This blog post started out as some musings on the different way of measuring the changes in the mass of Antarctic land ice, as a follow up to a couple of comments to Jo Nova’s posting “Antarctica gaining Ice Mass — and is not extraordinary compared to 800 years of data.” The problem with this is that it looks at just part of the total ice mass balance. These lead me to look at the major papers that looked to Total Mass Balance. There are two from 2009, using early data from the GRACE satellite gravity mission Velicogna and Chen et al. In comparing the various estimates, I discovered three anomalies that should have been detected as part of the peer review process.
Error in Velicogna Summary
The abstract notes
In Greenland, the mass loss increased from 137 Gt/yr in 2002–2003 to 286 Gt/yr in 2007–2009, i.e., an acceleration of −30 ± 11 Gt/yr2 in 2002–2009. In Antarctica the mass loss increased from 104 Gt/yr in 2002–2006 to 246 Gt/yr in 2006–2009, i.e., an acceleration of −26 ± 14 Gt/yr2 in 2002–2009.
When I tried to replicate this for Greenland, the figures worked out. Starting with 122 Gt/yr a year ice loss in 1992 and adding 30 to each year gives the “137 Gt/yr in 2002–2003 to 286 Gt/yr in 2007–2009“. But for Antarctica, adding 26 to each year cannot give “the mass loss increased from 104 Gt/yr in 2002–2006 to 246 Gt/yr in 2006–2009“. However, if the statement is rephrased with the Greenland timescales as “the mass loss increased from 104 Gt/yr in 2002–2003 to 246 Gt/yr in 2007–2009” then the numbers work out.
The spread sheet is easy to construct. For Velicogna Antarctica, start with -90 in 2002 and subtract 26 from the preceding year. The average uses the “=AVERAGE()” function in Excel.
So why did this dating error occur? There is no apparent reason in the Velicogna paper to use two different averages over such a short time frame. I might suggest that there is another reason. The two papers were published weeks apart (Velicogna 13th Oct and Chen 22nd Nov) and used the same data for Antarctica over similar periods (Velicogna Apr 02 – Feb 09 and Chen Apr 02 – Jan 09). The impact of both would be enhanced if they had comparative statistics. For instance Zwally & Giovinetto 2011 state
Table 2 includes two GRACE-based mass loss estimates of 104 Gt/year (Velicogna 2009) and 144 Gt/year (Chen et al. 2009) for the period 2002–2006 and two estimates of 246 Gt/year (Velicogna 2009) and of 220 Gt/year (Chen et al. 2009) for the period 2006–2009.
Correcting Velicogna, it becomes
Table 2 includes two GRACE-based mass loss estimates of 142 Gt/year (Velicogna 2009) and 144 Gt/year (Chen et al. 2009) for the period 2002–2006 and two estimates of 233 Gt/year (Velicogna 2009) and of 220 Gt/year (Chen et al. 2009) for the period 2006–2009.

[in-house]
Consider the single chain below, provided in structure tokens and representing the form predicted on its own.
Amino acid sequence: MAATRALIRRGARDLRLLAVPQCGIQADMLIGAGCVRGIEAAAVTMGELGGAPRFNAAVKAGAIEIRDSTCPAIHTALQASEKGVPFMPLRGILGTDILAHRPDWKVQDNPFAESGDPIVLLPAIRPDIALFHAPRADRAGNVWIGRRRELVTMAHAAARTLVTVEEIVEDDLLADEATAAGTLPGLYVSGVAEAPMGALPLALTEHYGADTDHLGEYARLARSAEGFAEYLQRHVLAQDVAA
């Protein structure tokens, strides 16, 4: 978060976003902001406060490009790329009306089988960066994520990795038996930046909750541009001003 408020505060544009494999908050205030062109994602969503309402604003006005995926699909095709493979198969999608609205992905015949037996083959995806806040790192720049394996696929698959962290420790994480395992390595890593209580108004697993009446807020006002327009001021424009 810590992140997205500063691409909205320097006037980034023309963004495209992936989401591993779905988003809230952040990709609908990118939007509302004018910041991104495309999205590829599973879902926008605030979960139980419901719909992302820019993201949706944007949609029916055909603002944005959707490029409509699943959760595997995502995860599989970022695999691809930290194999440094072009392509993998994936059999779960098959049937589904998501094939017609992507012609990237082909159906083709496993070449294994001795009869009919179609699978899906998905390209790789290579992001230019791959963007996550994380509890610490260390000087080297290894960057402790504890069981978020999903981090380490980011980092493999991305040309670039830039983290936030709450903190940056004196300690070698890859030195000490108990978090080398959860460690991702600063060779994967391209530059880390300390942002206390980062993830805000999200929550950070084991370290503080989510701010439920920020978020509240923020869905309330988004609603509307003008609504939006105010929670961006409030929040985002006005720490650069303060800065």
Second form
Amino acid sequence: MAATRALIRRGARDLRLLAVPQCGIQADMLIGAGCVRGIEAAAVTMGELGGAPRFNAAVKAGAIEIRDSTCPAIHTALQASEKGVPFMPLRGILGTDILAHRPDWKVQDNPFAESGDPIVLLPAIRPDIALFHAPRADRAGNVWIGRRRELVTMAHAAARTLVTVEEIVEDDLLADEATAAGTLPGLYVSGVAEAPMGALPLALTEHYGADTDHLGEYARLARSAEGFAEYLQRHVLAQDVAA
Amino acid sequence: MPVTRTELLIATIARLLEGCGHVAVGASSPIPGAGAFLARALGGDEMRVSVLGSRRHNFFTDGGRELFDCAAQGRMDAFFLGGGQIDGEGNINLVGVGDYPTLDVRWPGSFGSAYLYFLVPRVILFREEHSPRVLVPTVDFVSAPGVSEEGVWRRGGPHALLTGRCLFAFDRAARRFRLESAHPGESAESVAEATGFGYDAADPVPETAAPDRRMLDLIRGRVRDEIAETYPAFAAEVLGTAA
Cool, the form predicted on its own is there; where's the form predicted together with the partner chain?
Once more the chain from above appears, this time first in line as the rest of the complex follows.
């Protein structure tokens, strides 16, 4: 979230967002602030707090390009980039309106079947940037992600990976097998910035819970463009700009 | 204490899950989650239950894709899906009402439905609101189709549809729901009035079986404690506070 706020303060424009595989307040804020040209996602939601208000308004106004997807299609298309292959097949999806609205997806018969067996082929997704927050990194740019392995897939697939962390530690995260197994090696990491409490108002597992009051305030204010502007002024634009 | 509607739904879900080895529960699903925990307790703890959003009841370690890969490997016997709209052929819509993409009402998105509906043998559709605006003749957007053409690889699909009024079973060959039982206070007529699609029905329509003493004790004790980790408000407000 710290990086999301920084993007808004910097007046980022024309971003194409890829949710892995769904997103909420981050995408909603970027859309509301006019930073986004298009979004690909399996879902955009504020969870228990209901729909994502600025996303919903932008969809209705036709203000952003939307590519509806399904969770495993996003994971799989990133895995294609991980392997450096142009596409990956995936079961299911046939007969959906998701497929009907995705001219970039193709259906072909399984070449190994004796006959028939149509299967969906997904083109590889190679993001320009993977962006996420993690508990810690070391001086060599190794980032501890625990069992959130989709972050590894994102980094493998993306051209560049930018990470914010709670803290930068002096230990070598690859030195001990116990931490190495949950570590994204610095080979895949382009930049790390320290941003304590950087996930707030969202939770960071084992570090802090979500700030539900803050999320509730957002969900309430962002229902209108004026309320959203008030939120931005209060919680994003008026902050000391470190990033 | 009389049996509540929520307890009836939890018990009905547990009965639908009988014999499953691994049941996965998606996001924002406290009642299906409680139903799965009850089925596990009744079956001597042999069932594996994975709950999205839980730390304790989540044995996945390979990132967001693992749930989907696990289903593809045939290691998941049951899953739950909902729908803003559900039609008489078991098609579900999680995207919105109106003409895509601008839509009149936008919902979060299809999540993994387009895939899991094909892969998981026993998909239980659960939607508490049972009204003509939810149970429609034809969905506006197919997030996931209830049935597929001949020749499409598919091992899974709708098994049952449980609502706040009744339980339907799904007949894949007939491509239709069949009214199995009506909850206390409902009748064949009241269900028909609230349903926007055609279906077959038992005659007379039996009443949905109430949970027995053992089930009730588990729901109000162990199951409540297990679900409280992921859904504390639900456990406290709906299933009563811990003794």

That is, the two papers become far more consistent if the averages are corrected. It would appear that Velicogna changed the dates without doing the maths.
Form of the acceleration
Velicogna states in the abstract
We find that during this time period the mass loss of the ice sheets is not a constant, but accelerating with time, i.e., that the GRACE observations are better represented by a quadratic trend than by a linear one, implying that the ice sheets contribution to sea level becomes larger with time.
This quadratic trend is backed up by graphs on the NASA website (Antarctica) and NOAA websites (Greenland)
For ice melt Velicogna is stating that, not only would the trend be for each year to be greater than the previous year, but for the incremental increase to be greater than the last.
But, if ∂M is the change in ice mass, from the following functions were used in my spread sheet to replicate both Velicogna’s and Chen’s results.
For Velicogna 2009, Antarctica
∂M = -90 – 26(Year-2002)
For Velicogna 2009, Greenland
∂M = -122 + 30(Year-2002)
For Chen et al. 2009, Antarctica
∂M = -126 + 17(Year-2002)
These are all linear functions. I do not have access to Chen’s paper, but Velicogna’s abstract does not conform to her model.
Discontinuous functions in Chen et al. 2009
The abstract for Chen states
… our data suggest that East Antarctica is losing mass, mostly in coastal regions, at a rate of −57±52 Gt yr−1, apparently caused by increased ice loss since the year 2006.
Chen detection of increased ice loss is similar to Velicogna’s. But unlike Velicogna, Chen suggests that there is a discontinuous function. In other words, Chen’s graph would look like this.
Although it is possible to extrapolate from a discontinuous function, it would be highly misleading to do so. It suggests there is no underlying empirical relationship to be observed, in direct contradiction to Velicogna. Further, over a short period it is impossible to say whether this is the shift in the underlying rate of change in Antarctic melt, or if this new direction be quickly reversed. Fortunately, the two studies were published over three years ago, so there are alternative studies to compare the projection against. This will be the topic of the next post.
J. L. Chen, C. R. Wilson, D. Blankenship & B. D. Tapley Nature Geoscience 2, 859 – 862 (2009) Published online: 22 November 2009 doi:10.1038/ngeo694
Velicogna, I. (2009), Increasing rates of ice mass loss from the Greenland and Antarctic ice sheets revealed by GRACE, Geophys. Res. Lett., 36, L19503, doi:10.1029/2009GL040222
H. Jay Zwally, Mario B. Giovinetto (2011) Surveys in Geophysics September 2011, Volume 32, Issue 4-5, pp 351-376, Overview and Assessment of Antarctic Ice-Sheet Mass Balance Estimates: 1992–2009 10.1007/s10712-011-9123-5